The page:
CVHS Student Organized Gun Control Walkout

Marwa Hameed and Mike Chu

Alyssa Alhadeff 14, Scott Beigel 35, Martin Duque Anguiano 14, Nicholas Dworet 17, Aaron Feis 37, Jaime Guttenberg 14, Christopher Hixon 49, Luke Hoyer 15, Cara Loughran 14, Gina Montalto 14, Joaquin Oliver 17, Alaina Petty 14, Meadow Pollack 18, Helena Ramsay 17, Alexander Schachter 14, Carmen Schentrup 16, Peter Wang 15. These were the victims of the Stoneman Douglas High School shooting that happened in Parkland, Florida. And these 17 victims, along with the lives lost in other multiple fatal school shootings such as Columbine,  inspired students here at Centreville High School to organize a walk-out protest demanding for stricter gun control laws.

On the February 21st, at noon, students left their sixth period and gathered in front of the main entrance of the school holding signs and chanting: “What do we want? Gun control! When do we want it? Now!” As the crowd became larger, they began to march towards the football stadium. Once they arrived, many students began to give passionate speeches urging for stricter gun laws. Their message was clear: Thoughts and prayers would no longer be enough.

Many students gave their opinions, including John Corado who stated that, “[Students] should be able to feel safe at school and not have to feel fear to come to school.” Another outspoken supporter of gun control was Sonya Sanie, a senior, who voiced that, “The only way change is going to happen is if we keep talking about it, if we keep it in our hearts and we don’t forget. Keep talking about, vote, go to rallies. Don’t forget!”  The sentiment was clear among the Centreville student body; the Parkland shooting would not just be another tragic event that lawmakers ignore. The lives of students and teachers matter, and a change needs to occur now in order for our schools to be safe once again.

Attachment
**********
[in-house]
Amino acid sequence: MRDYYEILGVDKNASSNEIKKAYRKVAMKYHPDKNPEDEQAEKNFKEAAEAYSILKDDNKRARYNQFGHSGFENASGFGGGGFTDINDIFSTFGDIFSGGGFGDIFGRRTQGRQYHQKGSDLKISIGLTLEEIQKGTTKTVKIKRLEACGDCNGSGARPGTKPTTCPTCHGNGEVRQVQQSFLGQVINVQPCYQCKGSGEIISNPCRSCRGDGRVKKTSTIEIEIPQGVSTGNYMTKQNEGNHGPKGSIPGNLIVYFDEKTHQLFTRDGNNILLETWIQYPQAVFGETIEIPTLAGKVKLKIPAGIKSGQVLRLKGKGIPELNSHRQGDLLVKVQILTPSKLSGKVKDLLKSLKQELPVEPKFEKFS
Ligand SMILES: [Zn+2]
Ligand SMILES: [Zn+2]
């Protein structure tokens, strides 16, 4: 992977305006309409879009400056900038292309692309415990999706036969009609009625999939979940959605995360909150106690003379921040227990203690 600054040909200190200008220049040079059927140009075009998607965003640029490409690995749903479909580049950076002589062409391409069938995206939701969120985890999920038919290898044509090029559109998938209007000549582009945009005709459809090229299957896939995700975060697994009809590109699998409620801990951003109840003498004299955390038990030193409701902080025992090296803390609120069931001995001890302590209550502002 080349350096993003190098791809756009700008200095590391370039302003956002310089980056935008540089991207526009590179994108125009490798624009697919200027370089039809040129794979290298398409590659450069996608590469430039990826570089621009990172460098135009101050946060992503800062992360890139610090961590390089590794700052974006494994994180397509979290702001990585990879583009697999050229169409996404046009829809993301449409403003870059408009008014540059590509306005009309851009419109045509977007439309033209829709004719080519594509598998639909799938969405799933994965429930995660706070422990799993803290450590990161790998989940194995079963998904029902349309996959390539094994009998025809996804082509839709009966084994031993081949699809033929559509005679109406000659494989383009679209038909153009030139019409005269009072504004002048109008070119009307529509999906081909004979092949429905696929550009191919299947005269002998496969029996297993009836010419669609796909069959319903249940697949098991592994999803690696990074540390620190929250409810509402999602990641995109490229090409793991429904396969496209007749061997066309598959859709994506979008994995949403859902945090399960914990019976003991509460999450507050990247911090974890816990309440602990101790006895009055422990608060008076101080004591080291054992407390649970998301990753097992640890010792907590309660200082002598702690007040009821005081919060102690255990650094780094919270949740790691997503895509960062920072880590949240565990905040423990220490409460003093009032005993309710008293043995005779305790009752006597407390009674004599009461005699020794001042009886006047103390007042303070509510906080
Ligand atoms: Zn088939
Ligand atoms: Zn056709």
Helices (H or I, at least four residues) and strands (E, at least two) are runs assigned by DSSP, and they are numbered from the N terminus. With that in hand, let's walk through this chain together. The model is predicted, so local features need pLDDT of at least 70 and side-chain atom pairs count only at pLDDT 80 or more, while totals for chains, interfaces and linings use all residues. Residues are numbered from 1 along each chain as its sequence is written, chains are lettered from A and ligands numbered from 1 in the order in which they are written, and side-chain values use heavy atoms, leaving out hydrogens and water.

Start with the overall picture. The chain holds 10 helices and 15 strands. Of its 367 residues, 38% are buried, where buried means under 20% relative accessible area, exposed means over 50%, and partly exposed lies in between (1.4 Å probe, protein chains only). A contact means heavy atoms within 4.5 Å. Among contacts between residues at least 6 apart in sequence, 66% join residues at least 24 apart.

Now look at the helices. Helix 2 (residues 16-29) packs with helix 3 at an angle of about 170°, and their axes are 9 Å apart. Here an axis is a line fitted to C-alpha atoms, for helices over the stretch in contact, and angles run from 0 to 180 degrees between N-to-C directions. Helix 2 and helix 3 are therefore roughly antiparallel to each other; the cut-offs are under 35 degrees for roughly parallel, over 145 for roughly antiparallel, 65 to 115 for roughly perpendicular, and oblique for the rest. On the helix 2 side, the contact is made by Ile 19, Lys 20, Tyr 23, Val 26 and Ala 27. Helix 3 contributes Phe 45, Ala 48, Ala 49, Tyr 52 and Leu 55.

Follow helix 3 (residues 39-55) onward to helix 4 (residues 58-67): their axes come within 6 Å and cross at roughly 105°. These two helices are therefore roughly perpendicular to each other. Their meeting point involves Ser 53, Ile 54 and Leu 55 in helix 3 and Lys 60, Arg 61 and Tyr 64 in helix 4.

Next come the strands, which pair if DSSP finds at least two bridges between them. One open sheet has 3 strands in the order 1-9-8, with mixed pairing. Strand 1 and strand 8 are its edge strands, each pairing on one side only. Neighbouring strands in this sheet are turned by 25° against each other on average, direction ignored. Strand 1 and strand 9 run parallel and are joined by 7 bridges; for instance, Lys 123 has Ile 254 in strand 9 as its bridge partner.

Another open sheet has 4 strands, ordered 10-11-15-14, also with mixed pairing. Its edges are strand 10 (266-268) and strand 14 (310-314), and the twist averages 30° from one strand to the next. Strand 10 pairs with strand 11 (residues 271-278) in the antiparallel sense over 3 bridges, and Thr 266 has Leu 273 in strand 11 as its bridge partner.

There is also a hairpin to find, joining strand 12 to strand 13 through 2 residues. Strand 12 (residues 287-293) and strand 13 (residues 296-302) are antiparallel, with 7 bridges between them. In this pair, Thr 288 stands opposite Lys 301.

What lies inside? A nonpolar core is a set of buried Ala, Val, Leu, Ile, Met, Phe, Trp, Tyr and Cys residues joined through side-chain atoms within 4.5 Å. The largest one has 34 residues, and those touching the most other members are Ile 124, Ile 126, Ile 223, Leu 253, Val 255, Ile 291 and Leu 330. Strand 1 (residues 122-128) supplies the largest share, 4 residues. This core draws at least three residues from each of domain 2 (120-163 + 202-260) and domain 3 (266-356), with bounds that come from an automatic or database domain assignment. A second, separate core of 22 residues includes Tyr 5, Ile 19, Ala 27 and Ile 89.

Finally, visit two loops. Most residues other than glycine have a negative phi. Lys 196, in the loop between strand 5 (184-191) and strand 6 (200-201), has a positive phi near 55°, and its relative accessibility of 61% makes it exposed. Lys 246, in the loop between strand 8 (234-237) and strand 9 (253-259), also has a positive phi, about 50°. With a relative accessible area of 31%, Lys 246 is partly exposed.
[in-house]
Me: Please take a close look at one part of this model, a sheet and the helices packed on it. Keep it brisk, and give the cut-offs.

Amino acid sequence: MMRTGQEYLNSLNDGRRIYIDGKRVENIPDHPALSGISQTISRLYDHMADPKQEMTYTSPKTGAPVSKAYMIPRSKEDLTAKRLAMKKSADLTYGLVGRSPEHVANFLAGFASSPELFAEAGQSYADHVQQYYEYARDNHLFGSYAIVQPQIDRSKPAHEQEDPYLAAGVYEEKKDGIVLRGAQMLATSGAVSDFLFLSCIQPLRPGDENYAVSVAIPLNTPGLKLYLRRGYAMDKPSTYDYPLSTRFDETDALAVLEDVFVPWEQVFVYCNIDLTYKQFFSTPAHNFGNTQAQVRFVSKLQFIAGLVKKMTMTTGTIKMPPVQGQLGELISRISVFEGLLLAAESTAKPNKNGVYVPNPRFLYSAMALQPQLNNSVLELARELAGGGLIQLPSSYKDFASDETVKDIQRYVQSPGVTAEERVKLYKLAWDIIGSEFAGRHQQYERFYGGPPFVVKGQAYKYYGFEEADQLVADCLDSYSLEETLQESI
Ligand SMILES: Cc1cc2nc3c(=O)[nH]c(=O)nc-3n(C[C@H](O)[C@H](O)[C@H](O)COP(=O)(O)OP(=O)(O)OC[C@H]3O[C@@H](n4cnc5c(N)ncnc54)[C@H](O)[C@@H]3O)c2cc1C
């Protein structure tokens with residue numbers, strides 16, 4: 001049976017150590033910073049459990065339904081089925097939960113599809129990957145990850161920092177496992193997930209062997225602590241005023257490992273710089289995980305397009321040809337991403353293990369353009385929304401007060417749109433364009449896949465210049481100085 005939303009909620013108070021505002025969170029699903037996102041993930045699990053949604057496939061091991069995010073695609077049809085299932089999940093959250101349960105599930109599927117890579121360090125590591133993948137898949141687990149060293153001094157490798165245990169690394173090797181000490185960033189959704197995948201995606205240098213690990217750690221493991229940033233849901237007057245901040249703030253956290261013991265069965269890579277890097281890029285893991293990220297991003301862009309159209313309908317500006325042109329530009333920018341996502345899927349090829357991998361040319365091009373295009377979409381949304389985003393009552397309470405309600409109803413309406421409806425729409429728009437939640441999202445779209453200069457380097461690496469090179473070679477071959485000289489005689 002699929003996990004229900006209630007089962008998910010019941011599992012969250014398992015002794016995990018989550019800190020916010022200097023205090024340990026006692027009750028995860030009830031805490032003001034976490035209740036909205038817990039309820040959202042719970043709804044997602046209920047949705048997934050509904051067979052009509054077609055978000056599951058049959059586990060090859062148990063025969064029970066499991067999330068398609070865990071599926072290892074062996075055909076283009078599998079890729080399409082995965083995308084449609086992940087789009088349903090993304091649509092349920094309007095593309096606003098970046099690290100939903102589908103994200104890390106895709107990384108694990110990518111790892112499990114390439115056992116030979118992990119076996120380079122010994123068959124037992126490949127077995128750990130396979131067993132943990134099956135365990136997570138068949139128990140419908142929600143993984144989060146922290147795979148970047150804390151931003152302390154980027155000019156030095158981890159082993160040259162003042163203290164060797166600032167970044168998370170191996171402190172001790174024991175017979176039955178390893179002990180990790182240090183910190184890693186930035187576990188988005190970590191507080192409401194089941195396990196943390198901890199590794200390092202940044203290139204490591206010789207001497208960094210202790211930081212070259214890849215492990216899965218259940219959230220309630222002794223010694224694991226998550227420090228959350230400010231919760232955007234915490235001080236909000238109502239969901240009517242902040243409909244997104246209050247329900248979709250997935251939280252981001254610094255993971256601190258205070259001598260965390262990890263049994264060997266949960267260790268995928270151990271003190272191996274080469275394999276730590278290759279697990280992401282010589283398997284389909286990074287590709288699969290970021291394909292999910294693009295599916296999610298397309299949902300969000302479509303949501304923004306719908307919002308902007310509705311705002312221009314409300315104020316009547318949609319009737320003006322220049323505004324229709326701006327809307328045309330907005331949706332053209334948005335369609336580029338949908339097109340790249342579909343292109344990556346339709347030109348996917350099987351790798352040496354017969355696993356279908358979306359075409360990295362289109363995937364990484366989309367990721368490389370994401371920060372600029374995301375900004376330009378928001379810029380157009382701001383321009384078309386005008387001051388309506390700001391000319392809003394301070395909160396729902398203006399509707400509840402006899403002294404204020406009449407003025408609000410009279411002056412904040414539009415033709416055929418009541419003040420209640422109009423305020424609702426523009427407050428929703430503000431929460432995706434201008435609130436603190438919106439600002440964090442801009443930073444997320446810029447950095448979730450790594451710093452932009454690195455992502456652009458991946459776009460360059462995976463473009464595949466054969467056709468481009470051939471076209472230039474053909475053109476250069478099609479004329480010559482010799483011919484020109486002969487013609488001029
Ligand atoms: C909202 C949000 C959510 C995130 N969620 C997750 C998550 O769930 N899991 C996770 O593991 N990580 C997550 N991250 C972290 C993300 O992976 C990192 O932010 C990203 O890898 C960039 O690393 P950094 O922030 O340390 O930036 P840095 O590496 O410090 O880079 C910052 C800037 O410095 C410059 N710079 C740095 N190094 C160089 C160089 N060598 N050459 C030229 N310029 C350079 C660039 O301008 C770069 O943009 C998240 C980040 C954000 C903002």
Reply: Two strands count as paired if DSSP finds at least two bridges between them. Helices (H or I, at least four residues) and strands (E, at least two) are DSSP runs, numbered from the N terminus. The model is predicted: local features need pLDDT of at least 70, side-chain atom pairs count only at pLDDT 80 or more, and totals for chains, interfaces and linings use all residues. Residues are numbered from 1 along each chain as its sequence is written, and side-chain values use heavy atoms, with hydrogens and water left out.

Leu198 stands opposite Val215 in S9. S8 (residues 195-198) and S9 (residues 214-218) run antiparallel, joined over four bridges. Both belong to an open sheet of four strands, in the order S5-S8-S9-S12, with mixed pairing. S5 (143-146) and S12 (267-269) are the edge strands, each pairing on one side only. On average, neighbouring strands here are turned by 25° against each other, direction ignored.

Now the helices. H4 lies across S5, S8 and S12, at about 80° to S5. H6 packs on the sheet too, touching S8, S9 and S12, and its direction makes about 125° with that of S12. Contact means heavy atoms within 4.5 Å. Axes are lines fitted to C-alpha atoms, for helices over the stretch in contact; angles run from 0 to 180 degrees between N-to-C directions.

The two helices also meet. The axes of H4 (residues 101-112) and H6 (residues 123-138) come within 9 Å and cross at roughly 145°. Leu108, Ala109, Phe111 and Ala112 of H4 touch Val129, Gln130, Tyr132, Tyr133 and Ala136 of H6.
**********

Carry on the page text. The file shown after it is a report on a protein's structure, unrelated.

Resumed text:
Students were not the only ones who attended the rally. Teachers and school staff with a sixth period planning period were asked to oversee the protest to ensure everything remained peaceful. Among the staff were Mr. Jagels, who commented that the protest had a higher turnout than expected. He also stated that the school was not concerned with students exercising their right. Other school staff members also gave their opinion on the protest. Mr. Marley, who teaches English, stated that he believed that students had the right to make their opinions known, as long as they do not disturb the learning environment and infringe upon another student’s right to educate him or herself.

Students who wish to further support the cause can attend the nationwide high school walkout on March 14 for 17 minutes, honoring the 17 victims of the Stoneman shooting, and the March For Our Lives on March 24. On April 20th, the 19th anniversary of the Columbine shooting, students will be able to participate another nationwide high school walkout.